HIV/TB co-infection: literature review and report of multiple tuberculosis oral ulcers.

Department of Periodontology and Oral Medicine, Medunsa Oral Health Centre Faculty of Dentistry, University of Limpopo, South Africa.
SADJ: journal of the South African Dental Association = tydskrif van die Suid-Afrikaanse Tandheelkundige Vereniging 10/2005; 60(8):330-2, 343.
Source: PubMed

ABSTRACT Human immunodeficiency virus/tuberculosis (HIV/TB) co-infected subjects demonstrate enhanced HIV replication and plasma viremia; CD4+ T-cell depletion; morbidity and mortality; and susceptibility to secondary bacterial and fungal infections compared to subjects solely infected with HIV. As the incidence of HIV/TB infection has been increasing, one would have expected to encounter oral lesions of tuberculosis more frequently. However, such oral lesions are uncommon. The lesions usually occur as ulcerations of the tongue. We report an additional case in an HIV/TB co-infected 39 year-old black male, who presented with chronic, painless, multiple oral ulcers, occurring simultaneously on the tongue, bilaterally on the palate and mucosa of the alveolar ridge. Microscopic examination confirmed the presence of chronic necrotizing granulomatous inflammation, with the identification of acid fast bacilli in the affected oral mucosal tissue. Anti-retroviral and anti-tuberculous treatment resulted in the resolution of the oral lesions. Confirmatory histopathological diagnosis following a biopsy is essential to determine the exact nature of chronic oral ulceration in an HIV individual and especially to distinguish between oral squamous cell carcimoma, lymphoma, infection (bacterial or fungal) and non-specific or aphthous type ulceration.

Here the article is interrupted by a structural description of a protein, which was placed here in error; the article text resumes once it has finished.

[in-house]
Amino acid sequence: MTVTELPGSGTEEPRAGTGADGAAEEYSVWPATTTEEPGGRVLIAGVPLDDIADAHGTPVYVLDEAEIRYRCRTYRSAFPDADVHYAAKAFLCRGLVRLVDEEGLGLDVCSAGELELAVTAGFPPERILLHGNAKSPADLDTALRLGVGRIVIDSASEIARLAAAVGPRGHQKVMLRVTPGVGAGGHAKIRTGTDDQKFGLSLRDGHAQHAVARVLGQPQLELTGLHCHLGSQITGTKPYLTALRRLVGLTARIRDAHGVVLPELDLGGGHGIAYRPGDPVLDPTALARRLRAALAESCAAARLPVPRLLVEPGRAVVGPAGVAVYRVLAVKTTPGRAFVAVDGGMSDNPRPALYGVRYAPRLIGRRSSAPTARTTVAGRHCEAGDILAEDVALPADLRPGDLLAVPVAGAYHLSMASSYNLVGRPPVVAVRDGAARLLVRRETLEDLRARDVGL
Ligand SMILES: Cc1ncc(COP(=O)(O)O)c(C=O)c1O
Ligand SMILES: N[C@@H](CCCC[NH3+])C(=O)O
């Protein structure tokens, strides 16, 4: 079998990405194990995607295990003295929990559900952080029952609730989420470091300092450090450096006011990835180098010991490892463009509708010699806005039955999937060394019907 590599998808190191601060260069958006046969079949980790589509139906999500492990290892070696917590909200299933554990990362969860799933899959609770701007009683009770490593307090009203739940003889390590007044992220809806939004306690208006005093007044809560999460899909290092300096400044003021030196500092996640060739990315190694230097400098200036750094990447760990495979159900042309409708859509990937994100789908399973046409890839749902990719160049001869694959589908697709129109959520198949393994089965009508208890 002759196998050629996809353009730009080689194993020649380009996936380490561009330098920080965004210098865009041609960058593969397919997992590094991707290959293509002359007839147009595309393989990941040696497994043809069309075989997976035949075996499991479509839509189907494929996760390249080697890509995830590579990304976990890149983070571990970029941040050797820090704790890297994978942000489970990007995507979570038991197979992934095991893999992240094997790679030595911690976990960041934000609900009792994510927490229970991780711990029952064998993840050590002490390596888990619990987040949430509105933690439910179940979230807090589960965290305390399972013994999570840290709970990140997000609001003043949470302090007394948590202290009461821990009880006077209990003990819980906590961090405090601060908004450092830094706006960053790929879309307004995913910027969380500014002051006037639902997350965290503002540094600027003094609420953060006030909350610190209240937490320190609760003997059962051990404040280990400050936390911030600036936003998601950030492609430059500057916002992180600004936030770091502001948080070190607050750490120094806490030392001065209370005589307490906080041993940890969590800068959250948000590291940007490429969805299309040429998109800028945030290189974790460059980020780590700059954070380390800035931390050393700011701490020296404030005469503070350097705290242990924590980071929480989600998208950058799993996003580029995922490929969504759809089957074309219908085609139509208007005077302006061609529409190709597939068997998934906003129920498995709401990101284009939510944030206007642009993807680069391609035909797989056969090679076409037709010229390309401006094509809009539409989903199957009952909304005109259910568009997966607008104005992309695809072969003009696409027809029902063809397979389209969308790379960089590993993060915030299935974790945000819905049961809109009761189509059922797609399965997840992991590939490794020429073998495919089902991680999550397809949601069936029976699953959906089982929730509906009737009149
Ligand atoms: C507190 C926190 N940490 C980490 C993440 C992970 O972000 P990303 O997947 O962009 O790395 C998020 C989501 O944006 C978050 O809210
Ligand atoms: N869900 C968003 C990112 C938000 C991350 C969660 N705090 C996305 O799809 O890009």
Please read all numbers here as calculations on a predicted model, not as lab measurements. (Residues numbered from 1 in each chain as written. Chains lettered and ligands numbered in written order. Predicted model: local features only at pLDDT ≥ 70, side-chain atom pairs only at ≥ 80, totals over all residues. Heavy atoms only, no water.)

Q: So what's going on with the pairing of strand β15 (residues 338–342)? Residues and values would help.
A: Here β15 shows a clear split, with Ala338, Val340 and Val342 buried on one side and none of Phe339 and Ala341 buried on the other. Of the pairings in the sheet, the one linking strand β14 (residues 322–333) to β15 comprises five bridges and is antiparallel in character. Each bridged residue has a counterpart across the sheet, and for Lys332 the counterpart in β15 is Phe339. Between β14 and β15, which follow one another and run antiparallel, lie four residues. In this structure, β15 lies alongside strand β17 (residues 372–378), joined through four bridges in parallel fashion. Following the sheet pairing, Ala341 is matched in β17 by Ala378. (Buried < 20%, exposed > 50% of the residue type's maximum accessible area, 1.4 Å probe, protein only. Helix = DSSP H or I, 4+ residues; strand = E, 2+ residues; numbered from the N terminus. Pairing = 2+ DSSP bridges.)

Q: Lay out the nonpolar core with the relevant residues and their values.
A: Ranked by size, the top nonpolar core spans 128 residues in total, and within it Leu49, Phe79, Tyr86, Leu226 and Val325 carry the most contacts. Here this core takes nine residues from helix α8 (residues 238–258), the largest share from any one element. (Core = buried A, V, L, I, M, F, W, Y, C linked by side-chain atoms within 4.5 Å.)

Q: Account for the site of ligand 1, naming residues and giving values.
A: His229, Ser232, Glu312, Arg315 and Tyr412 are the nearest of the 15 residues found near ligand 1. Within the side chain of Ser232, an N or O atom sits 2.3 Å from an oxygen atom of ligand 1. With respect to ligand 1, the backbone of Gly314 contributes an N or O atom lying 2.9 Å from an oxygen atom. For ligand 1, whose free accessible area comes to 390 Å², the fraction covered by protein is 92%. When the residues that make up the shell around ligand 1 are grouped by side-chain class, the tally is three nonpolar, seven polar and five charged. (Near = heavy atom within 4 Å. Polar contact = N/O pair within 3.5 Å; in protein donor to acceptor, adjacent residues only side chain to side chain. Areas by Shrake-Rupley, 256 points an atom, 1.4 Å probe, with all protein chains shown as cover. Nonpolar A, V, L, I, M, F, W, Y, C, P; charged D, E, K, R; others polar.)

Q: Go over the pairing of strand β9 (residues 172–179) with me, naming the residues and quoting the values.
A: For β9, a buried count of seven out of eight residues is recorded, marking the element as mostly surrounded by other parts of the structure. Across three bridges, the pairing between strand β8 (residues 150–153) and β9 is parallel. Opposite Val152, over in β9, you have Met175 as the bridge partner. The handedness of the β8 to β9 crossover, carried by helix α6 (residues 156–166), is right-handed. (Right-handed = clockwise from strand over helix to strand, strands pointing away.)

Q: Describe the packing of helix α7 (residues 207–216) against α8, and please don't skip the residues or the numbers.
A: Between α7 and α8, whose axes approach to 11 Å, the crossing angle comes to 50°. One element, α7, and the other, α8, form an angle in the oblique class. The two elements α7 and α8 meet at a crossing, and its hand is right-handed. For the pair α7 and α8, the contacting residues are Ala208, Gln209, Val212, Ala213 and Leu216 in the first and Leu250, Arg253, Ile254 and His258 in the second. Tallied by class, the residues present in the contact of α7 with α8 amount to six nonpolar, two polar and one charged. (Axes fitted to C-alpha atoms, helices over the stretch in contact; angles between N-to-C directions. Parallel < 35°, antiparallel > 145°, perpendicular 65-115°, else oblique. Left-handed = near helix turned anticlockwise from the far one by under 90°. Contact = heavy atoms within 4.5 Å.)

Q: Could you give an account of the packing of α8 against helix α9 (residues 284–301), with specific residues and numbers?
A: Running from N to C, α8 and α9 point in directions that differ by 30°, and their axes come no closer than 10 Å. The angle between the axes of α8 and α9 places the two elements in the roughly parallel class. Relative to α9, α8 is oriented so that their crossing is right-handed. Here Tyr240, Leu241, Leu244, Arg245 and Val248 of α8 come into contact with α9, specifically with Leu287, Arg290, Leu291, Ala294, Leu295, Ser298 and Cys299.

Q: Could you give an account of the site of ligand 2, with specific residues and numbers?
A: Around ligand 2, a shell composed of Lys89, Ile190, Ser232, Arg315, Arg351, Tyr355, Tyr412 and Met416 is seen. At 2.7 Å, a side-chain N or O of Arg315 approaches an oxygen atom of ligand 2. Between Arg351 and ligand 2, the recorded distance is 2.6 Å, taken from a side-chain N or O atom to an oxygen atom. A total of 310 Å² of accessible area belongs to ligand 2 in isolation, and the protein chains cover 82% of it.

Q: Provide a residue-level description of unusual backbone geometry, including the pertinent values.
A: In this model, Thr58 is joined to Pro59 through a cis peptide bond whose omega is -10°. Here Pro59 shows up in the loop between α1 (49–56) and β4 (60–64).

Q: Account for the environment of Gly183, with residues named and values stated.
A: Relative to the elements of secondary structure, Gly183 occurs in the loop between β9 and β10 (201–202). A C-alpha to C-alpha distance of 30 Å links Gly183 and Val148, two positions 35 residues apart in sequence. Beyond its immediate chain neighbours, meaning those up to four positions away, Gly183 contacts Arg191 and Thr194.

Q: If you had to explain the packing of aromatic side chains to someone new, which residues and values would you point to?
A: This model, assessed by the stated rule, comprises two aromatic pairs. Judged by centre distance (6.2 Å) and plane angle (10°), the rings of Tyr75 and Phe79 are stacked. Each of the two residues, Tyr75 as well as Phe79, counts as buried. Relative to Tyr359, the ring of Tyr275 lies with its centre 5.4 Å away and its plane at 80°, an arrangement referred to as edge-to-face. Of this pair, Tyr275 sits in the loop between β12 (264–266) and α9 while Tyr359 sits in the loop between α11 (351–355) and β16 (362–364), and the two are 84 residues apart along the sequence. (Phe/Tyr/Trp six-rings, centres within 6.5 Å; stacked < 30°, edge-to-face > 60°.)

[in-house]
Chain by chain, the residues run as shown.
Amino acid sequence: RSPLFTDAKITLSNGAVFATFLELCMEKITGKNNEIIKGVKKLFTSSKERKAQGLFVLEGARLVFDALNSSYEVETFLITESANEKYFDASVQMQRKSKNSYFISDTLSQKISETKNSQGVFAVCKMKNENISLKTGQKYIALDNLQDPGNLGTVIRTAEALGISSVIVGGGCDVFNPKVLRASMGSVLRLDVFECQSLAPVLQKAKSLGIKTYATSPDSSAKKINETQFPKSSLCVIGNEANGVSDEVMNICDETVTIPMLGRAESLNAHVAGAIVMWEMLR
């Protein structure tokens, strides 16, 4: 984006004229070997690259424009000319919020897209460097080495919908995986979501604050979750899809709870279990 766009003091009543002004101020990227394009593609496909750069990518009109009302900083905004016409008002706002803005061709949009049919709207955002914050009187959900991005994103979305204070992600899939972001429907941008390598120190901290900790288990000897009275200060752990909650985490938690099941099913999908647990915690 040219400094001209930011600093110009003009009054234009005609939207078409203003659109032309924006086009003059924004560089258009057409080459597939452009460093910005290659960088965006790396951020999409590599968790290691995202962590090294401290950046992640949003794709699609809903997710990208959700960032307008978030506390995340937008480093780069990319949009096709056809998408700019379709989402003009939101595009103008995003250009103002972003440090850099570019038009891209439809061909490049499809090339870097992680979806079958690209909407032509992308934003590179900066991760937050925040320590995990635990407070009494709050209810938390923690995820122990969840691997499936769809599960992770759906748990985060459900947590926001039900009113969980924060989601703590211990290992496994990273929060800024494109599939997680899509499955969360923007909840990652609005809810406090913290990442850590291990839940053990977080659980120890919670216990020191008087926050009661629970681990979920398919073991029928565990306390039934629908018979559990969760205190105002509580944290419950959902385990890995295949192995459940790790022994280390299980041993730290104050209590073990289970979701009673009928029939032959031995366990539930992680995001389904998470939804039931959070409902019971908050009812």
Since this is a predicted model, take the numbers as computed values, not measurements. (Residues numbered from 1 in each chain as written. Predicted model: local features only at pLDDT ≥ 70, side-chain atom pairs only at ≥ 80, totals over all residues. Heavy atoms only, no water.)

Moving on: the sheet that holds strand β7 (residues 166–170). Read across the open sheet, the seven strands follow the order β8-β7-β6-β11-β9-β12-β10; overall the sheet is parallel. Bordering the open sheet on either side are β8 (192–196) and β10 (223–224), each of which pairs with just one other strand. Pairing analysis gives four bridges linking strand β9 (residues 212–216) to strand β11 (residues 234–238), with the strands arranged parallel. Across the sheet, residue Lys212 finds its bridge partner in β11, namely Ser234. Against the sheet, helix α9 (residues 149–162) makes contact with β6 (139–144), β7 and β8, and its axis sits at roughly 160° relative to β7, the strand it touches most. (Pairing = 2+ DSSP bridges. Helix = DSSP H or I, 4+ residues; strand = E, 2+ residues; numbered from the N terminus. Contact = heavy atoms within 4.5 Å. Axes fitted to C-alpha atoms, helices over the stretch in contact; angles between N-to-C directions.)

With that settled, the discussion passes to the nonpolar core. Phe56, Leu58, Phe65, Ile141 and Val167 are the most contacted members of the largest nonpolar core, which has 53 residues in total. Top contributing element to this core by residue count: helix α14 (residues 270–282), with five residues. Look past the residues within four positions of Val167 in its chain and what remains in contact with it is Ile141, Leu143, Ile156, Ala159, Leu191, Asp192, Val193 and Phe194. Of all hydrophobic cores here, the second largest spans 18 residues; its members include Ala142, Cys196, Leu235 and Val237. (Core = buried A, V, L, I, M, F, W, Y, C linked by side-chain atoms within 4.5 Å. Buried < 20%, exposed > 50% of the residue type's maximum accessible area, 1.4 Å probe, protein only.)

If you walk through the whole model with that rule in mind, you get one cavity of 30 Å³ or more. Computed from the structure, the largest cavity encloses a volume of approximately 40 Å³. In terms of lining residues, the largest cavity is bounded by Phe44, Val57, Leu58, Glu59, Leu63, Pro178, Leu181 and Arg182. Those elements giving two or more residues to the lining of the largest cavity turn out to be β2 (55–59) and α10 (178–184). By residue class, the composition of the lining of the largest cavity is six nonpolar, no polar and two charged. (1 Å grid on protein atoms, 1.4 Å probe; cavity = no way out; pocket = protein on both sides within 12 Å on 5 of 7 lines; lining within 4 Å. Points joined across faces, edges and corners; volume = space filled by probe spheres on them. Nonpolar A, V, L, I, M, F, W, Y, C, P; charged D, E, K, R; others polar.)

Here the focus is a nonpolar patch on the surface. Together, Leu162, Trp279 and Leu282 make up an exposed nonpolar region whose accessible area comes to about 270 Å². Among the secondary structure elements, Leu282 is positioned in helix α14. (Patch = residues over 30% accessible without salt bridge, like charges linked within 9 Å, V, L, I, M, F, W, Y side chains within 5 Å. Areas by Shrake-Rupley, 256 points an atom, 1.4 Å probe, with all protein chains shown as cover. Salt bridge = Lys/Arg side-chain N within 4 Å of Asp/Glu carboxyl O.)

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    ABSTRACT: We present a case of primary oral tuberculosis that led to the diagnosis of HIV infection. Our patient had clinically nonspecific ulcers on the labial mucosa and on the ventral surface of the tongue which were diagnosed as being tuberculous only on histological examination. This raised the suspicion of HIV infection that was subsequently confirmed by blood tests. The oral lesions resolved after 4 weeks of antituberculosis treatment. Some aspects of the pathogenesis of HIV-tuberculosis coinfection are discussed.
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